NHS 'might make the wealthy PAY for care' in Scotland

NHS ‘might make the wealthy PAY for care’: Bosses in Scotland discuss highly controversial ‘two-tier’ service… but No10 insists it has ‘NO plans’ to charge patients

  • The idea was touted by NHS officials in Scotland according to leaked documents
  • Hospital bosses were debating how to maintain ‘sustainability’ of health service
  • Scotland’s health secretary has shut down the idea, describing it as ‘abhorrent’ 
  • And No10 has said it has no such plans to charge patients for the NHS in England

NHS bosses have touted the controversial idea of making wealthier people pay for care, it emerged today.

The prospect of a ‘two-tier’ health service was mentioned in the draft minutes of a meeting of NHS Scotland health board chief executives in September.

Any move to charge patients for care would spark huge backlash among the public because it goes against the founding principle of the NHS that treatment should be free for all.  

Scottish health officials also raised the idea of stopping free prescriptions for some medications.  

The minutes, leaked to the BBC, do not give any proposed threshold for income or wealth where Britons would be forced to pay for NHS care.

No10 and Scotland’s own health secretary have both insisted they have no plans to introduce such a scheme. 

However, the minutes also discuss a disconnect between ministers and the financial reality the NHS is facing.

The health leaders suggested the Government didn’t understand the NHS could not afford to offer its entire range of services while both keeping the books balanced and patients safe.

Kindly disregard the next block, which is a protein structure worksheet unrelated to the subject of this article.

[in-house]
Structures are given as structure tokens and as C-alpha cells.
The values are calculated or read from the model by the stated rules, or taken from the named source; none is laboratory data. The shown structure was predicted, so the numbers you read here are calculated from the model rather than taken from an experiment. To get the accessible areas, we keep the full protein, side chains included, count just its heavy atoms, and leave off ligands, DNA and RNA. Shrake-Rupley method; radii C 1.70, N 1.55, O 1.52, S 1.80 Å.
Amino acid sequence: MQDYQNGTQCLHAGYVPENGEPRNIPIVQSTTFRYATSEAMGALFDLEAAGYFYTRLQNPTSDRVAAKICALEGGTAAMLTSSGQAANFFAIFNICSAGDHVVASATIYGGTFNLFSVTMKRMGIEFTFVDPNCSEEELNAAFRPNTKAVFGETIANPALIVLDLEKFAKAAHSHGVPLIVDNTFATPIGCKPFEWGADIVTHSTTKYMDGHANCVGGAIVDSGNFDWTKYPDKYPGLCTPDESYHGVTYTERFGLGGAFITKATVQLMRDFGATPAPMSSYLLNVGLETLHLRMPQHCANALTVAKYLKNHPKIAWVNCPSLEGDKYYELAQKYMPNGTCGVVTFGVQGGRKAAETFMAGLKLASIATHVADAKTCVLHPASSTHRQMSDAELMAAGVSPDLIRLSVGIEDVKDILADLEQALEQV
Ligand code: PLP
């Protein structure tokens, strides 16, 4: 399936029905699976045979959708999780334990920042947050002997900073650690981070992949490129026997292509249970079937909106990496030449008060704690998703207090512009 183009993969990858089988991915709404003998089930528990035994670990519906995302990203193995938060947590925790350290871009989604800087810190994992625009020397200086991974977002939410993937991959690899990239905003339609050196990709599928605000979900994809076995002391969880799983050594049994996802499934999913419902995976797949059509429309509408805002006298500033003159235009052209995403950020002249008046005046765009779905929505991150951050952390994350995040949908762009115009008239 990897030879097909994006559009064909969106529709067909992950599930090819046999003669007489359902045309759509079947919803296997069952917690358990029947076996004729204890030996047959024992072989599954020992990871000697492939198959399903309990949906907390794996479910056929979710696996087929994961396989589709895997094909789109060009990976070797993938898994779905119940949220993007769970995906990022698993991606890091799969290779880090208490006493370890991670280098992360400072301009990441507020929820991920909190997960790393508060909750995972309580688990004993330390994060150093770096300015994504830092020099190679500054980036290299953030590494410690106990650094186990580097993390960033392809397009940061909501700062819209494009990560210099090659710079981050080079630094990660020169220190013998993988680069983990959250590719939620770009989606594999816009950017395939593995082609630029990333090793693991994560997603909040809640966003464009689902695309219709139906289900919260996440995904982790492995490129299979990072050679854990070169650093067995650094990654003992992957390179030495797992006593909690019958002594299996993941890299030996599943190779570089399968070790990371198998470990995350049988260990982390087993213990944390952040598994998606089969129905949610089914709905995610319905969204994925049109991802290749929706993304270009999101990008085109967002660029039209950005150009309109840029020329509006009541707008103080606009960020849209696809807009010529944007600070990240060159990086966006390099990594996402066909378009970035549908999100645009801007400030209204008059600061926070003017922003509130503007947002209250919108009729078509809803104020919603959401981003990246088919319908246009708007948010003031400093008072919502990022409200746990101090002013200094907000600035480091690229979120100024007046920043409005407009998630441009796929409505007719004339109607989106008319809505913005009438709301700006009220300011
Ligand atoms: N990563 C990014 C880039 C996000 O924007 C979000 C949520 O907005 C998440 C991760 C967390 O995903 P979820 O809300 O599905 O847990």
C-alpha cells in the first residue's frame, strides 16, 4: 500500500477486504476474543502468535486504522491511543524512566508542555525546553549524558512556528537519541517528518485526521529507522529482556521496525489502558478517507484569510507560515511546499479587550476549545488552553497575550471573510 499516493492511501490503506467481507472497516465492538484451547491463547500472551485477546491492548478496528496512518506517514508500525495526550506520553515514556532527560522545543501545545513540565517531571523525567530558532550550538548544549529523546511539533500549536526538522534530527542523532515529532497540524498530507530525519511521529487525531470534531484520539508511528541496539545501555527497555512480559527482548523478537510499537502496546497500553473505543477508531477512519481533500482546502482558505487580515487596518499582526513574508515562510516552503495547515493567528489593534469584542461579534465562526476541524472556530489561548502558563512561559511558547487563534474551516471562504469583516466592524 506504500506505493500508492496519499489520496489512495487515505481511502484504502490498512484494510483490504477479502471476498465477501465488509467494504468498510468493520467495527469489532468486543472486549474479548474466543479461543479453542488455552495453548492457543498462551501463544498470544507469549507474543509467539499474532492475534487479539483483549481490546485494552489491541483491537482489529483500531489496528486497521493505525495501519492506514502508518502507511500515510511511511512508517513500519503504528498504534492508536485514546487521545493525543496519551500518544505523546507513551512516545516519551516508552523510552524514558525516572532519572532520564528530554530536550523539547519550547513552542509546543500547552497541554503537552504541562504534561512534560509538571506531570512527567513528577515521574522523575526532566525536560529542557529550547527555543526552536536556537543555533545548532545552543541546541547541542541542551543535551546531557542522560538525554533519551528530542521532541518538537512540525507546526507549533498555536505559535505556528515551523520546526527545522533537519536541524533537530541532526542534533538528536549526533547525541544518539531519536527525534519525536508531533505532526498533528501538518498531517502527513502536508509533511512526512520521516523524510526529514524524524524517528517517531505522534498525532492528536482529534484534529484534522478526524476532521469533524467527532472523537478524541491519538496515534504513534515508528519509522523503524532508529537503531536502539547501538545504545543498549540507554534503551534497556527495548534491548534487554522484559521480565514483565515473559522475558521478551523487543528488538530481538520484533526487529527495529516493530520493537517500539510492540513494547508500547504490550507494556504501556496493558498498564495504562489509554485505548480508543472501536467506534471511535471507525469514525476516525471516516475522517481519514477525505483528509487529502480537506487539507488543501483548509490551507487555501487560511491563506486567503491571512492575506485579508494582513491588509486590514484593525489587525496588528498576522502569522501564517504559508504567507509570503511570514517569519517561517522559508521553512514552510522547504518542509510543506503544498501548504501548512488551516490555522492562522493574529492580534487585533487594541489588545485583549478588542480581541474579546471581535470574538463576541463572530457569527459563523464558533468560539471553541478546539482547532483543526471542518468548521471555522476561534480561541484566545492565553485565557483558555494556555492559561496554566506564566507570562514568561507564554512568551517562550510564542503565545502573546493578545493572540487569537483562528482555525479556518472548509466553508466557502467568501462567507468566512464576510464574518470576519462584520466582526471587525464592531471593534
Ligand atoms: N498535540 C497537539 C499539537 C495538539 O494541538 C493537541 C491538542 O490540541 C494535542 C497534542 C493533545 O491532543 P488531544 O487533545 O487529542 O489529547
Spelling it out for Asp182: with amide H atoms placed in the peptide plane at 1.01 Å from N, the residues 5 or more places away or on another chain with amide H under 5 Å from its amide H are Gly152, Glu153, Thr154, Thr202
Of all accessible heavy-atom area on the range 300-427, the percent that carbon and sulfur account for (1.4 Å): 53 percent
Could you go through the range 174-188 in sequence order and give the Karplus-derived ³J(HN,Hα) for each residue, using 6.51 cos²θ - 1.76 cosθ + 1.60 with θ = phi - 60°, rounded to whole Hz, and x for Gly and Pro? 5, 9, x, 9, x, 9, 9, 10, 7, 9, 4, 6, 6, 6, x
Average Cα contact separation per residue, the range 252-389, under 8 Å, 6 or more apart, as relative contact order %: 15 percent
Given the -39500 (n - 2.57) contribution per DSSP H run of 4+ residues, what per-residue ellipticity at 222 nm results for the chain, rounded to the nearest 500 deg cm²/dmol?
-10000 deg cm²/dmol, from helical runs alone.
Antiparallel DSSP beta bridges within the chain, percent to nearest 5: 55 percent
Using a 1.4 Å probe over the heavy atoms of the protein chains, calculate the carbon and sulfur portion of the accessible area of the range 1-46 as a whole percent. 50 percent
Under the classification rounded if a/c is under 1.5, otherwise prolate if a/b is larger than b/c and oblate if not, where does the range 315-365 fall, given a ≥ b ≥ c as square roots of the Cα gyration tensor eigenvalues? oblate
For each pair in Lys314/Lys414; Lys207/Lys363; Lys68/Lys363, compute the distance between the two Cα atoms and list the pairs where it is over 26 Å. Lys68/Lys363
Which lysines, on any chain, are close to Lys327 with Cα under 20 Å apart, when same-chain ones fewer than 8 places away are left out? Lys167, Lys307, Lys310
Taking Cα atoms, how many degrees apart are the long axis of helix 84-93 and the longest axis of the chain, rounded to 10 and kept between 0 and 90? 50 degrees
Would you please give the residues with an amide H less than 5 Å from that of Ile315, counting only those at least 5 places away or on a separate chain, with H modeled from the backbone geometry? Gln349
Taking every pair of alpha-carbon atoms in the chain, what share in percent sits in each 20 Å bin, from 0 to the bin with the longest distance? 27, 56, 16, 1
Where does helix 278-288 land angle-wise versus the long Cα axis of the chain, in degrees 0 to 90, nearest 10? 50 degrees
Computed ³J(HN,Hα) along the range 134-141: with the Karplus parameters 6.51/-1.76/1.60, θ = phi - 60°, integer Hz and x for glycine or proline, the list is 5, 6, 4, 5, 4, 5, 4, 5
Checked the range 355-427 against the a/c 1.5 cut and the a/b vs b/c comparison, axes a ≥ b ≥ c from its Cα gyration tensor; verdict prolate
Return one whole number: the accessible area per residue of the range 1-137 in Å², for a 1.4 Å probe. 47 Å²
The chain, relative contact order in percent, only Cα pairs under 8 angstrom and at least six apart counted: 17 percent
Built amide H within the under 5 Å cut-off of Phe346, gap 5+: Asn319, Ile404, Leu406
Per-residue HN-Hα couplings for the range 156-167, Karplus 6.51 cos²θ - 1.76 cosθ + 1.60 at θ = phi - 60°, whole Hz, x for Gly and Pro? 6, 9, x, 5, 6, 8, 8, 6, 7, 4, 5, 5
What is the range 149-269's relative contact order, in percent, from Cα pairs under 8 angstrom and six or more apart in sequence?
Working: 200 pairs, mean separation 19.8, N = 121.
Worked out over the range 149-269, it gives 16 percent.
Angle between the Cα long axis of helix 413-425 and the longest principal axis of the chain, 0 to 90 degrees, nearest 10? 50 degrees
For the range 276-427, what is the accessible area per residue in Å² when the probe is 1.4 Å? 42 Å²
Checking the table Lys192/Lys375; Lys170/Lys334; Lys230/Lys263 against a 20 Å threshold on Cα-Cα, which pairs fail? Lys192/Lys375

It comes as Westminster officials have admitted that record NHS waiting times and a failure to hit ambulance arrival targets in England will continue for years to come. 

Official figures show 7.1million people in England were in the queue for routine hospital treatment, such as hip and knee operations, by the end of September — the equivalent of one in eight people (red line). The figure includes more than 400,000 people who have been waiting, often in pain, for over one year (yellow bars)

Scotland’s Health Secretary Humza Yousaf has shut down suggestions from NHS officials that the country should consider charging the wealthy to access public health services as ‘abhorrent’

Immigration minister Robert Jenrick has said No10 had no intention of introducing charges for NHS services in England

Record waiting times for basic NHS services are set to continue for years to come, ministers have admitted.

Targets are unlikely to be met before the next election as the government seeks to scrap wait time goals altogether.

The number of ambulances reaching those with severe conditions including heart attacks within 18 minutes will stay well below targets until at least spring 2025, according to Whitehall briefings sent to the health service.

A&E services are also expected to improve ‘year-on-year’, but the expectation that ninety-five per cent of patients are seen within for hours has been left out of new ambitions, The Times reported.

That target has not been met since 2015.

Chancellor Jeremy Hunt is keen to cut all but a ‘handful’ of NHS targets. 

Officials told the newspaper: ‘It could be four, it could be five or six, but the point is at the moment it’s hundreds and that needs to be rationalised.’

NHS Scotland bosses also touted other ideas on how to fix the long-term status of the ailing health service, including pausing funding for new drugs. 

Another measure was that hospitals should have ‘more appetite for risk’ and send patients home quicker by setting a discharge target of 23 hours.

According to minutes, the officials were given the ‘green light’ to propose how NHS reform might look like by NHS Scotland’s overall chief executive Caroline Lamb.

The minutes described this as including ‘areas which were previously not viable options are now possibilities’.

Officials also ‘noted’ a concern that there was a lack of clinical input from medics on political decision making in Scotland which gave the impression some decisions from ministers were ‘divorced from reality.  

Reacting to the leak, Scotland’s Health Secretary Humza Yousaf has said any suggestion of charging patients to use the NHS was ‘abhorrent’.